5 Options for Your Money Before Student Loan Payments Resume
Many or all of the products featured here are from our partners who compensate us. This influences which products we write about and where and how the product appears on a page. However, this does not influence our evaluations. Our opinions are our own. Here is a list of our partners and here's how we make money.
The Biden administration has extended the federal student loan payment pause a final time, meaning borrowers won’t owe money or accrue interest until Dec. 31, 2022. While a new NerdWallet survey shows that over a third of federal student loan borrowers (35%) have continued making loan payments throughout the automatic forbearance, others have chosen or needed to put this money elsewhere.
With this final extension, federal borrowers whose essentials are covered have four to five more would-be payments that they might apply toward different goals. If you aren’t sure how to best use your remaining payment reprieve, here are five suggestions, plus next steps in case you aren’t ready to resume payments in January 2023.
1. Save it in your emergency fund
Around 1 in 8 federal student loan borrowers (13%) say they put loan payment money into a savings account, according to the survey. The COVID-19 pandemic has been financially devastating for many, highlighting the importance of emergency savings. Ideally, you’d save three to six months’ worth of expenses, but even $500 or $1,000 stashed away can make a big difference in your peace of mind and ability to handle the unexpected.
2. Pay off high-interest debt
The survey found that some federal borrowers put would-be payment money toward paying off/down credit card debt (20%), private student loans (12%) or another type of debt (14%). If you’re comfortable with the amount you have saved for emergencies, focusing on high-interest debt can have a meaningful impact on your overall interest costs, especially with federal student loans at 0% interest for the next several months.
3. Avoid high-interest debt
Speaking of high-interest debt, a credit card balance of $1,000 with an interest rate of 16% would cost $160 in interest charges if carried for a year. If you don’t have any high-interest debt, but have upcoming purchases you'd otherwise let sit on your credit card — like a home improvement project or holiday expenses — you could use would-be federal loan payment money to pay for these purchases upfront. That way, you can avoid interest charges and the stress that may accompany a hefty credit card balance.
4. Put it aside to pay in one go
While payments aren’t due now, your main financial priority may be paying off your federal student loans. You can make monthly payments as normal or hang on to the payment money and make one large payment right before the pause ends. With this approach, you have cash on hand as a buffer in case something comes up. If nothing does, you can avoid the interest you'd otherwise accrue on the student loan principal.
5. Contribute to an IRA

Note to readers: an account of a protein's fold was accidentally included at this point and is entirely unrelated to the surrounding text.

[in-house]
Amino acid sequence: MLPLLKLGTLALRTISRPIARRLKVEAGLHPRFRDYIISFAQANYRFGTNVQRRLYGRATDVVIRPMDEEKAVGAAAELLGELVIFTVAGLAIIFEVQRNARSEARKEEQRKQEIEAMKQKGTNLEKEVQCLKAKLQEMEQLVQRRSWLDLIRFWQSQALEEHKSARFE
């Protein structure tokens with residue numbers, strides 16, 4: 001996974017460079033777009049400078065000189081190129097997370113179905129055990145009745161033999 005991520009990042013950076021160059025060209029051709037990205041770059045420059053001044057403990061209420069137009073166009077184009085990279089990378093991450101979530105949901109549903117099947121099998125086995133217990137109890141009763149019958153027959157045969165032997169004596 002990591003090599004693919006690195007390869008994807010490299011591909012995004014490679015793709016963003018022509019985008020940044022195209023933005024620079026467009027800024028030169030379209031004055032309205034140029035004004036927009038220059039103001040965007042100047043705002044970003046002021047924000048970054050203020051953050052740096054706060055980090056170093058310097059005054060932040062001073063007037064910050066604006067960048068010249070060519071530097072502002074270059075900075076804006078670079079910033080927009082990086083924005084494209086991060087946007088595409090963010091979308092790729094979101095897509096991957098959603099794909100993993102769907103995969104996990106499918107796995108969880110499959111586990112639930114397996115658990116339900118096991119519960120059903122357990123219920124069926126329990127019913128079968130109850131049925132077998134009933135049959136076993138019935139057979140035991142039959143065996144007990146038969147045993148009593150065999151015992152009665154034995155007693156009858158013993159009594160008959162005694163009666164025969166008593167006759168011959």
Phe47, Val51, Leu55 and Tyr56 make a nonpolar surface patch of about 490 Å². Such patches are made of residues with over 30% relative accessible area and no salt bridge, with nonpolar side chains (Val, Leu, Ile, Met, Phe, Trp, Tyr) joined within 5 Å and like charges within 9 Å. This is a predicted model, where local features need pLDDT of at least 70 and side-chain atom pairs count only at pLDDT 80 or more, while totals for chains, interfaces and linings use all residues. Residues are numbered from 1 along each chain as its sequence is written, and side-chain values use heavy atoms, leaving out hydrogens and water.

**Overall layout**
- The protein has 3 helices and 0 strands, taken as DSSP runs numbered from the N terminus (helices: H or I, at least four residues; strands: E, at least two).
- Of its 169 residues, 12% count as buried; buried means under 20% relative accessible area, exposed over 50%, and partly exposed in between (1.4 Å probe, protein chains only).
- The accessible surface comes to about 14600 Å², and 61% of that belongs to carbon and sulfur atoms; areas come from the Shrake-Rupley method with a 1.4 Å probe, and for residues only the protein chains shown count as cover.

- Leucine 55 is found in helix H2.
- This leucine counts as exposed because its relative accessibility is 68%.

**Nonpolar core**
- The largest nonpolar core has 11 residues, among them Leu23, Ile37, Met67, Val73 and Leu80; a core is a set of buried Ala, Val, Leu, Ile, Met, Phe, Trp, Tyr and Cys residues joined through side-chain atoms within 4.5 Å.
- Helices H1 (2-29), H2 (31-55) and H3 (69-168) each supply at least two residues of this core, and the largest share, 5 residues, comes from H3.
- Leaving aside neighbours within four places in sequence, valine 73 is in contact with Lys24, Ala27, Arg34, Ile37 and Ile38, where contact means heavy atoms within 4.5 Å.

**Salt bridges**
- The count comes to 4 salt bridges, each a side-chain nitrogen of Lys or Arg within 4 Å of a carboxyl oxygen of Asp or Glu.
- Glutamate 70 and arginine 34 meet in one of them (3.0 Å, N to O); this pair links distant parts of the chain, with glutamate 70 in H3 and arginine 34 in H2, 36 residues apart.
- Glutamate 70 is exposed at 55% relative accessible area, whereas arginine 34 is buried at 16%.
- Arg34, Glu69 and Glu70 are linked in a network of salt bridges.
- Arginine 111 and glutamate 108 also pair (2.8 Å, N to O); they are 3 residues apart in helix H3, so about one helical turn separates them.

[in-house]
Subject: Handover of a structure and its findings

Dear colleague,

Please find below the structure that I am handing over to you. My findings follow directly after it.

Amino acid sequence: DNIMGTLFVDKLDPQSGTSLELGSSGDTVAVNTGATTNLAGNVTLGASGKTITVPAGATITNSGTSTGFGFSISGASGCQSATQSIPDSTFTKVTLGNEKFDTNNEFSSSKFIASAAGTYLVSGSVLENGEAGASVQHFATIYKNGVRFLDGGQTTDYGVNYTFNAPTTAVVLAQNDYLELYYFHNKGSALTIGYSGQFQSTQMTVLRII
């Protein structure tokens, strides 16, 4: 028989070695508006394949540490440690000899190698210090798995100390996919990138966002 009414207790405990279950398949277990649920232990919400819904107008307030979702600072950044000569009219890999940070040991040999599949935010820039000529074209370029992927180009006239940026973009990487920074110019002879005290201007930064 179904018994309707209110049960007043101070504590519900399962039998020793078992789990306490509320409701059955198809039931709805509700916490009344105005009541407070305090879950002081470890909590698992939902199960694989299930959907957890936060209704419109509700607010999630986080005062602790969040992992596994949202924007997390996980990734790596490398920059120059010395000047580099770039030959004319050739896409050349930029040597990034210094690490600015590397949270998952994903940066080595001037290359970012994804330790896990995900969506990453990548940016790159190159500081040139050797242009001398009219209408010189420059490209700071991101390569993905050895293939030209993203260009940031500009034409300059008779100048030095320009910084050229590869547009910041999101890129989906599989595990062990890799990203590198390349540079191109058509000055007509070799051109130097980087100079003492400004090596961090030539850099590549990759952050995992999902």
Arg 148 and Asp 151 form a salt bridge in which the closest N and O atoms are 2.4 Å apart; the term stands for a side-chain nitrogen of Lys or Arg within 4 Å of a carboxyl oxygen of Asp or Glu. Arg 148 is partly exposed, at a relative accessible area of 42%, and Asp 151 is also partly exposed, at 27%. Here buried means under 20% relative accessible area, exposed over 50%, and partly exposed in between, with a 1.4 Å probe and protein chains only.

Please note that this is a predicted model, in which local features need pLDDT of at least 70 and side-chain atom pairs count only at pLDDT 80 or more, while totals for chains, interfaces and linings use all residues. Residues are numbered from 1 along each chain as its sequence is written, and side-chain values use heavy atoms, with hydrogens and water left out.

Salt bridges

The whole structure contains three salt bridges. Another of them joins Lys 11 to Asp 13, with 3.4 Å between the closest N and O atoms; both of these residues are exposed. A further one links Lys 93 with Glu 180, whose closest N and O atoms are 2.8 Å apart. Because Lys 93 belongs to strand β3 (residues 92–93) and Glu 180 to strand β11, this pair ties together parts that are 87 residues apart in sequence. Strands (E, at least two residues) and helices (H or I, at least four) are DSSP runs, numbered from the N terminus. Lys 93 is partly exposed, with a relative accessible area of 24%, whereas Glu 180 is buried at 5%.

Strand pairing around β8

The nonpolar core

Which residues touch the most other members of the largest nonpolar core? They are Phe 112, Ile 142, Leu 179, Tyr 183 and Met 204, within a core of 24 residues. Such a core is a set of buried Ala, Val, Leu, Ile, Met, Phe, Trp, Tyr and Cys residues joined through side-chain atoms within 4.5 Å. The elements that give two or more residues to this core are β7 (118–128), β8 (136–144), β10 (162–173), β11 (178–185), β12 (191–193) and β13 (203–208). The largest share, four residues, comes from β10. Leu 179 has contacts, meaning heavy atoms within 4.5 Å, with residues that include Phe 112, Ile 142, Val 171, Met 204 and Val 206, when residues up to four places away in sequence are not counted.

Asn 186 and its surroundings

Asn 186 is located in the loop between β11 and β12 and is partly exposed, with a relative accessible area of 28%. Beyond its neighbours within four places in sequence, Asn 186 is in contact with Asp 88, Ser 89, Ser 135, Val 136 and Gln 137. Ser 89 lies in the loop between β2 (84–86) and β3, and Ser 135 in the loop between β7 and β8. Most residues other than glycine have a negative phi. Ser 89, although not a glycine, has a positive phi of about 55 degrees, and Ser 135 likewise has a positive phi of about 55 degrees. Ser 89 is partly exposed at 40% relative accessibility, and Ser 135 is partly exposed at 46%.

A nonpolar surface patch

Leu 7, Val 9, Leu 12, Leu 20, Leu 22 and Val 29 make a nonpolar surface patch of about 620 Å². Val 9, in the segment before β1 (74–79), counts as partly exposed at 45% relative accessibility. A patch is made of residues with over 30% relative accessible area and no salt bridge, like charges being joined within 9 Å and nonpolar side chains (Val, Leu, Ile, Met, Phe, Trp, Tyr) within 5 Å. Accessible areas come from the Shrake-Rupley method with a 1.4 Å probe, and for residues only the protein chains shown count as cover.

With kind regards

Around 1 in 6 federal student loan borrowers (16%) say they invested the money that would otherwise go toward their loans for retirement, according to the survey. If you’re comfortable with the amount you have in emergency savings and aren’t paying off high-interest debt, you may choose to put would-be payment money into an IRA.
An IRA is a tax-advantaged retirement account that a person with taxable income (or someone who has a spouse with taxable income) can contribute to. The current annual limit is $6,000, or $7,000 for those ages 50 and older. IRA contributions for 2021 can be made until your tax return filing deadline, so even the January loan payment money can help you increase your retirement savings and potentially reduce your taxable income.
If you can’t make payments, evaluate next steps
Around a third of federal student loan borrowers (34%) say they’re using loan payment money for necessities, like rent and food, which could indicate that these expenses might not be met otherwise. When asked when it’s financially feasible for them to start making loan payments again, 11% of federal loan borrowers say 2022 or beyond and 10% of borrowers say they don’t know when they’ll be able to do so, according to the survey.
If it’s not realistic for you to restart payments after Dec. 31, 2022, you have options to avoid defaulting on your loans. For borrowers who can’t pay the full amount due, an income-driven repayment plan could be a good option. It caps your monthly payments at a certain percentage of your discretionary income and forgives the remaining balance after 20 or 25 years, depending on the specific payment plan you enter into.
If you meet eligibility requirements — for instance, if you’re unemployed, receiving welfare benefits or undergoing cancer treatment — student loan deferment will pause your payments completely and may even stop accruing interest (depending on the type of loans you have).
If you don’t qualify for deferment, student loan forbearance is also an option. You can put loans in forbearance for up to 12 months at a time, but you’ll accrue interest, regardless of your loan type. All of these alternatives to a standard repayment plan can cost more in interest and time over the life of a loan. But they can also provide some necessary breathing room if your budget simply won’t allow you to make student loan payments right now.